What does it do? It just swaps top left and top right pieces on the front. There is a side effect, top and bottom pieces on the right back are being swapped too. Left back is being left completely untouched. Which means, if we have some pieces already paired, keeping them in the back and performing the algorithm will not mess up their pairing, and we pretty much can ignore the side effect.
Phase 1: Getting to one pair
We don’t really need any algorithm for this. We will just rotate the top (T) and will likely get at least one pair matched, if we don’t, after making a full circle, we rotate right side (R) and then rotate (T) again, we WILL eventually get some pairs matched.
If we are really lucky and we got all 4 matched, the puzzle is solved. If we got two pairs matched, we skip to phase 3. Otherwise we need to get us a second pair first.
Phase 2: Getting the second pair
Remember how we said our magic algorithm doesn’t really mess up anything in the back? So we can put our matched pair in the back left or right quadrant and try performing the algorithm to swap pieces at the front, until we get our second pair matched. The problem is, it won’t always work :) In order to explain why, I will use 4 different colors, as before, to represent 4 different matching pairs. Auzzle with one matched pair generally falls within one of the two cases above:
Note: If you look closely, A1 and A2 is actually the same case, just rotated 90 degrees. Similarly B2 is just a rotated B1.
Case A: This is the easy one, for each unsolved pair, one piece is located on the top and one on the bottom. It doesn’t matter where we put our first matched (red) pair, as long as it is on the back it will remain untouched. But the moment we perform our magic algorithm, second pair (either green or blue) is going to get matched.
Case B: Here matching pieces are colocated on the same top or bottom planes. Which means performing the magic algorithm will not result in any new pairs being created.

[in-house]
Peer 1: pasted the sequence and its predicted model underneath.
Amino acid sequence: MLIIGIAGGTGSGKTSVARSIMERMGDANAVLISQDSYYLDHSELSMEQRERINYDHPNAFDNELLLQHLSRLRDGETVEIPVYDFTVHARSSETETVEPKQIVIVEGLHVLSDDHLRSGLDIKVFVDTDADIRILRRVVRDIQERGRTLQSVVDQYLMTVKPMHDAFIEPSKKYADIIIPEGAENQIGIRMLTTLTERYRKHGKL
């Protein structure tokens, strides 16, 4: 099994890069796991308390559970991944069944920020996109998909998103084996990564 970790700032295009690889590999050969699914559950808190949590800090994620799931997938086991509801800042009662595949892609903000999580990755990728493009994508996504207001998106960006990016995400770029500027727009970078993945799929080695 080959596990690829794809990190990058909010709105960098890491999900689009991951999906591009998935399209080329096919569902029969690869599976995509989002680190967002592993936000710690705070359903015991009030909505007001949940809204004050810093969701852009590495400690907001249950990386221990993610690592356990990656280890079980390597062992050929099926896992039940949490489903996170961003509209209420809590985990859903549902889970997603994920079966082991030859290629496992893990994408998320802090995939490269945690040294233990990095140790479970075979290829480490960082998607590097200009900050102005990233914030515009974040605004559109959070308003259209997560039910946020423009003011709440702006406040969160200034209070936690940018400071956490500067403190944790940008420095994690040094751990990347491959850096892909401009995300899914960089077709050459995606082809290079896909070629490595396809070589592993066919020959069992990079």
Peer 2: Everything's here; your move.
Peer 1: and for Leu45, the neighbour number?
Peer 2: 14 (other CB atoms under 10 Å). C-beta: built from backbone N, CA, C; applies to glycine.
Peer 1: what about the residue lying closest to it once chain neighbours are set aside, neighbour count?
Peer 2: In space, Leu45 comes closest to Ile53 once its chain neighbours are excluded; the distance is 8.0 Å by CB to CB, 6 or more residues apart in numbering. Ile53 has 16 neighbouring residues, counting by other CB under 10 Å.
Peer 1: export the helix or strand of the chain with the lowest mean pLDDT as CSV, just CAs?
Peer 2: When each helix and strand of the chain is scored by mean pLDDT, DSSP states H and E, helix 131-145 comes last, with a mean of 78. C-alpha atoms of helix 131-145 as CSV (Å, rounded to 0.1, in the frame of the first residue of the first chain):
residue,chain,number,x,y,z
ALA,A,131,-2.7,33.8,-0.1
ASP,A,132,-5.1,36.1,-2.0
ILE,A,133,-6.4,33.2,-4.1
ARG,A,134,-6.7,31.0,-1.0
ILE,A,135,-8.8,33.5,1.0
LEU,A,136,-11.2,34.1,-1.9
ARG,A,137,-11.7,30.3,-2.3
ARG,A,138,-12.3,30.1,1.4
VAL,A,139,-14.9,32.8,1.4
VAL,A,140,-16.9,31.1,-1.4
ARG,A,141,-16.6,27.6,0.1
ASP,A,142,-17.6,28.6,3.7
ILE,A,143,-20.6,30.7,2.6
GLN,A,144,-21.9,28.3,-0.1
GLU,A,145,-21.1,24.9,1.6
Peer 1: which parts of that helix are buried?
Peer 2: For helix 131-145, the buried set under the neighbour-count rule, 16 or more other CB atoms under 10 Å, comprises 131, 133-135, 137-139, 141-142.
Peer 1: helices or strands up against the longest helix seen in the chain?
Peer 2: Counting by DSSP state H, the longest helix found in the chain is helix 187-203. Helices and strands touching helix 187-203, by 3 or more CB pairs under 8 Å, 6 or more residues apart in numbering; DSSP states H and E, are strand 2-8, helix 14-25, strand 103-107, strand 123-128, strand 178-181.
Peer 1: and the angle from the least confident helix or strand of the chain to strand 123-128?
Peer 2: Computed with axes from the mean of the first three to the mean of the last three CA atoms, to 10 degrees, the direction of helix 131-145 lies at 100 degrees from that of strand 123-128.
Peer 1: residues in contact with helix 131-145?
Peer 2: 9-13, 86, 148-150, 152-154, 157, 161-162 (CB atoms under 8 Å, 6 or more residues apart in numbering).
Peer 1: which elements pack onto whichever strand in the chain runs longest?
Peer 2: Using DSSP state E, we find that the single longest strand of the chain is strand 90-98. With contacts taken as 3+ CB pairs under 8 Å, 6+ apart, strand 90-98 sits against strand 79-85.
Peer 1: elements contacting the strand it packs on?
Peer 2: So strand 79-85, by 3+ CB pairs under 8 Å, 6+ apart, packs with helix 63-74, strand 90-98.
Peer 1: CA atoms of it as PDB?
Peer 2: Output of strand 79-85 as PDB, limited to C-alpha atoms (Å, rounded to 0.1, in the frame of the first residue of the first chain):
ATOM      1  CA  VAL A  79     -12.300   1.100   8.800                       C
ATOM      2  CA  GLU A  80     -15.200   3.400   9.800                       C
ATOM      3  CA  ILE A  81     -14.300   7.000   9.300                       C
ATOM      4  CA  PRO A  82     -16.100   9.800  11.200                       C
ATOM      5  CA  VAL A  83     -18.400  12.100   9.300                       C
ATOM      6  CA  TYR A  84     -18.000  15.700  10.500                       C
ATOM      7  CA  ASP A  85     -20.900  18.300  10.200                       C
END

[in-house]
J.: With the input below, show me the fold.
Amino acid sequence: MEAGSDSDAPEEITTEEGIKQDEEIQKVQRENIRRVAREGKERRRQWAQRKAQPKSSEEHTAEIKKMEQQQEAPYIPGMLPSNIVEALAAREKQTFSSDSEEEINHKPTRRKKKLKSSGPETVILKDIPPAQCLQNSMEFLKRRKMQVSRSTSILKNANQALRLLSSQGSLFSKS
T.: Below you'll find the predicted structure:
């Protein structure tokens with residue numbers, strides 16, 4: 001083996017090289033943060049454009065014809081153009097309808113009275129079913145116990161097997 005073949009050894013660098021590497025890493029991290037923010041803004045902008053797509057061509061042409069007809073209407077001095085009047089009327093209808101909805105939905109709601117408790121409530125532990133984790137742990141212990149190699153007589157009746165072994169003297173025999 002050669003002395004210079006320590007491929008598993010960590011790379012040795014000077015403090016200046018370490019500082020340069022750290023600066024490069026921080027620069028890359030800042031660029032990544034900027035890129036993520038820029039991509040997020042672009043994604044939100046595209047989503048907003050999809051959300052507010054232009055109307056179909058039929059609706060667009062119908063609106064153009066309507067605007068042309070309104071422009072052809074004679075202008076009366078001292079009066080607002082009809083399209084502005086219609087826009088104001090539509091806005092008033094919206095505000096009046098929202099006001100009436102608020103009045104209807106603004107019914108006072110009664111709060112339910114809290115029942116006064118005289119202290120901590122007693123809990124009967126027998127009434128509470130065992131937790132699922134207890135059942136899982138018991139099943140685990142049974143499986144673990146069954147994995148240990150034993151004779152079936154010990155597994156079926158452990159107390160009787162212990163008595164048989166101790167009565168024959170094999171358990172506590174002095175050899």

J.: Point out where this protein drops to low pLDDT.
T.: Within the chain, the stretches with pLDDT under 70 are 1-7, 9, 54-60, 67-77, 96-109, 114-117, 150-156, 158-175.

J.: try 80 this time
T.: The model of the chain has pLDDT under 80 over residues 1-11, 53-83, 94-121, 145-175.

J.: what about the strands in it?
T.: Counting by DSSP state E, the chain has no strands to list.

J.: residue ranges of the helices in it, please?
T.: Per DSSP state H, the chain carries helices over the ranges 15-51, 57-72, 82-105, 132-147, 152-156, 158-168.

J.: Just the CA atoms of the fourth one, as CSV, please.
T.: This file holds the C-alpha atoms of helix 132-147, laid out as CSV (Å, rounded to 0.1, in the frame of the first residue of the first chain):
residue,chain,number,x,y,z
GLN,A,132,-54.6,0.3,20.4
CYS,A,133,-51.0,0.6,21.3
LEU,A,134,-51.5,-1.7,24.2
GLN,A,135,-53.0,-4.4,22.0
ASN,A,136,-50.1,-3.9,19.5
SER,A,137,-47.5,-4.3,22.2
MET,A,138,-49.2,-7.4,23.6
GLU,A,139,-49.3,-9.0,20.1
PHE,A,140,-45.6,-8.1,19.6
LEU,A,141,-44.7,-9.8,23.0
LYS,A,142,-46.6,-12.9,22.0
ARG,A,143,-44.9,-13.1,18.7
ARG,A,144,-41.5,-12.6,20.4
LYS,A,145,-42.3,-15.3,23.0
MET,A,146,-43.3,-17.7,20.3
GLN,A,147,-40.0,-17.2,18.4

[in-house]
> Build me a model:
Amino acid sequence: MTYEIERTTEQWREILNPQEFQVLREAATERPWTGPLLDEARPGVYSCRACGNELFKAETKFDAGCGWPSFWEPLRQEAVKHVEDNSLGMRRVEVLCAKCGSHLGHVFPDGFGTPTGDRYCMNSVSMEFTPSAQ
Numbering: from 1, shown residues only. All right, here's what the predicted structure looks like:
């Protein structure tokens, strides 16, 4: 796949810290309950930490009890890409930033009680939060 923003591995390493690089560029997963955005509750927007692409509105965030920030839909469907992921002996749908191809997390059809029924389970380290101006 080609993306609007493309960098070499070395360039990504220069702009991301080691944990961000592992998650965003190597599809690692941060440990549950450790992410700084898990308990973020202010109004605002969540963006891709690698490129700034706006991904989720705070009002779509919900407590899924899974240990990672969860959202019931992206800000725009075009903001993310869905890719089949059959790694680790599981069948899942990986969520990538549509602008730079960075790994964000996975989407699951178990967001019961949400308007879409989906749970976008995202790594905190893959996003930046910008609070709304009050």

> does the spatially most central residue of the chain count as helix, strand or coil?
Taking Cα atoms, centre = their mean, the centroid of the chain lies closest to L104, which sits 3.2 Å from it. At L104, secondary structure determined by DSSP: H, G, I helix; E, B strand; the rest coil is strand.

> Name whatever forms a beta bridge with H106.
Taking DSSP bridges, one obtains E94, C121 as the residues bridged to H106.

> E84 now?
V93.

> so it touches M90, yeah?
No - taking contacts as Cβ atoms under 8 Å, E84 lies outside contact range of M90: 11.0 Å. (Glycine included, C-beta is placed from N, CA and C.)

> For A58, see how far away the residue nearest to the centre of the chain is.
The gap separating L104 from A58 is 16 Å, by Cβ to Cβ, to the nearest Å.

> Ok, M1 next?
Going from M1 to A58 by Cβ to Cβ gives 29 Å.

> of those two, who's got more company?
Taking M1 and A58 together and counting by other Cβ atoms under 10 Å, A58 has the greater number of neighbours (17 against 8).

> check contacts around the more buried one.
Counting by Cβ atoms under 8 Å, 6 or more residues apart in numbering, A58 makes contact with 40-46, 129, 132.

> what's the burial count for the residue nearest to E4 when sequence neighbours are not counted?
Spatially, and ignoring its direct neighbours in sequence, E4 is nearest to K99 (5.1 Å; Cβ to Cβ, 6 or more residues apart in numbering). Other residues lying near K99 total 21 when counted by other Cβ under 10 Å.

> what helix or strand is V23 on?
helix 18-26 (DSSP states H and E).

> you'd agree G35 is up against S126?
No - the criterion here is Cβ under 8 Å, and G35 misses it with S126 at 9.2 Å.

How can we know whether we are in case A or B? That is actually easy, we can rotate the top layer one click right (T’) or left (T). If another pair (our green or blue ones) is getting matched, we are in case A, otherwise we are in case B.
Phase 3: Last two pairs
Ok, we got 2 pairs matched, just bring them both to the back, and lets work with the unmatched pieces at the front. There are two ways how 2 pairs can be potentially unmatched (see diagram below). On a real Auzzle we obviously won’t see green and red segment colors like in the diagram below, but we can see the magnets interaction and infer the case we are dealing with:
Case A: The easiest one is when we notice an asymmetrical configuration of the magents. The pieces are crossed! We can just perform our magic algorithm to swap to top left and right pieces and the puzzle is solved!
Case B: This one is a bit trickier. The left and the right side are clearly symmetrical. That tells us the pieces are not crossed. Swapping two top ones will not help us much, we will end up exactly where we started. We need to break the “parity” of the puzzle and get to the Case A we love so much.
There are also two magnet configuration which don’t tell us whether we are in A or B. How can we know? Lets try to rotate top layer (T’). If the this is case A (crossed), we will immediately see the pair matched, we are in Case A, rotate the top layer back (T) and perform the magic algorithm. Otherwise we are in Case B.
In fact, if you would rather not think at all about Case A or Case B and dont' care about few extra twists, you can always try to perform the algorithm for A, and if the puzzle is not solved continue to B (i.e
I am sure there are more effective ways to solve the puzzle with less (5-7) moves, even just memorizing and using all the mirror variations of our magic algorithm above would make a huge difference and save tons of unnecessary moves. Phase 2 should be improved too. It’s a start, stay tuned for updates.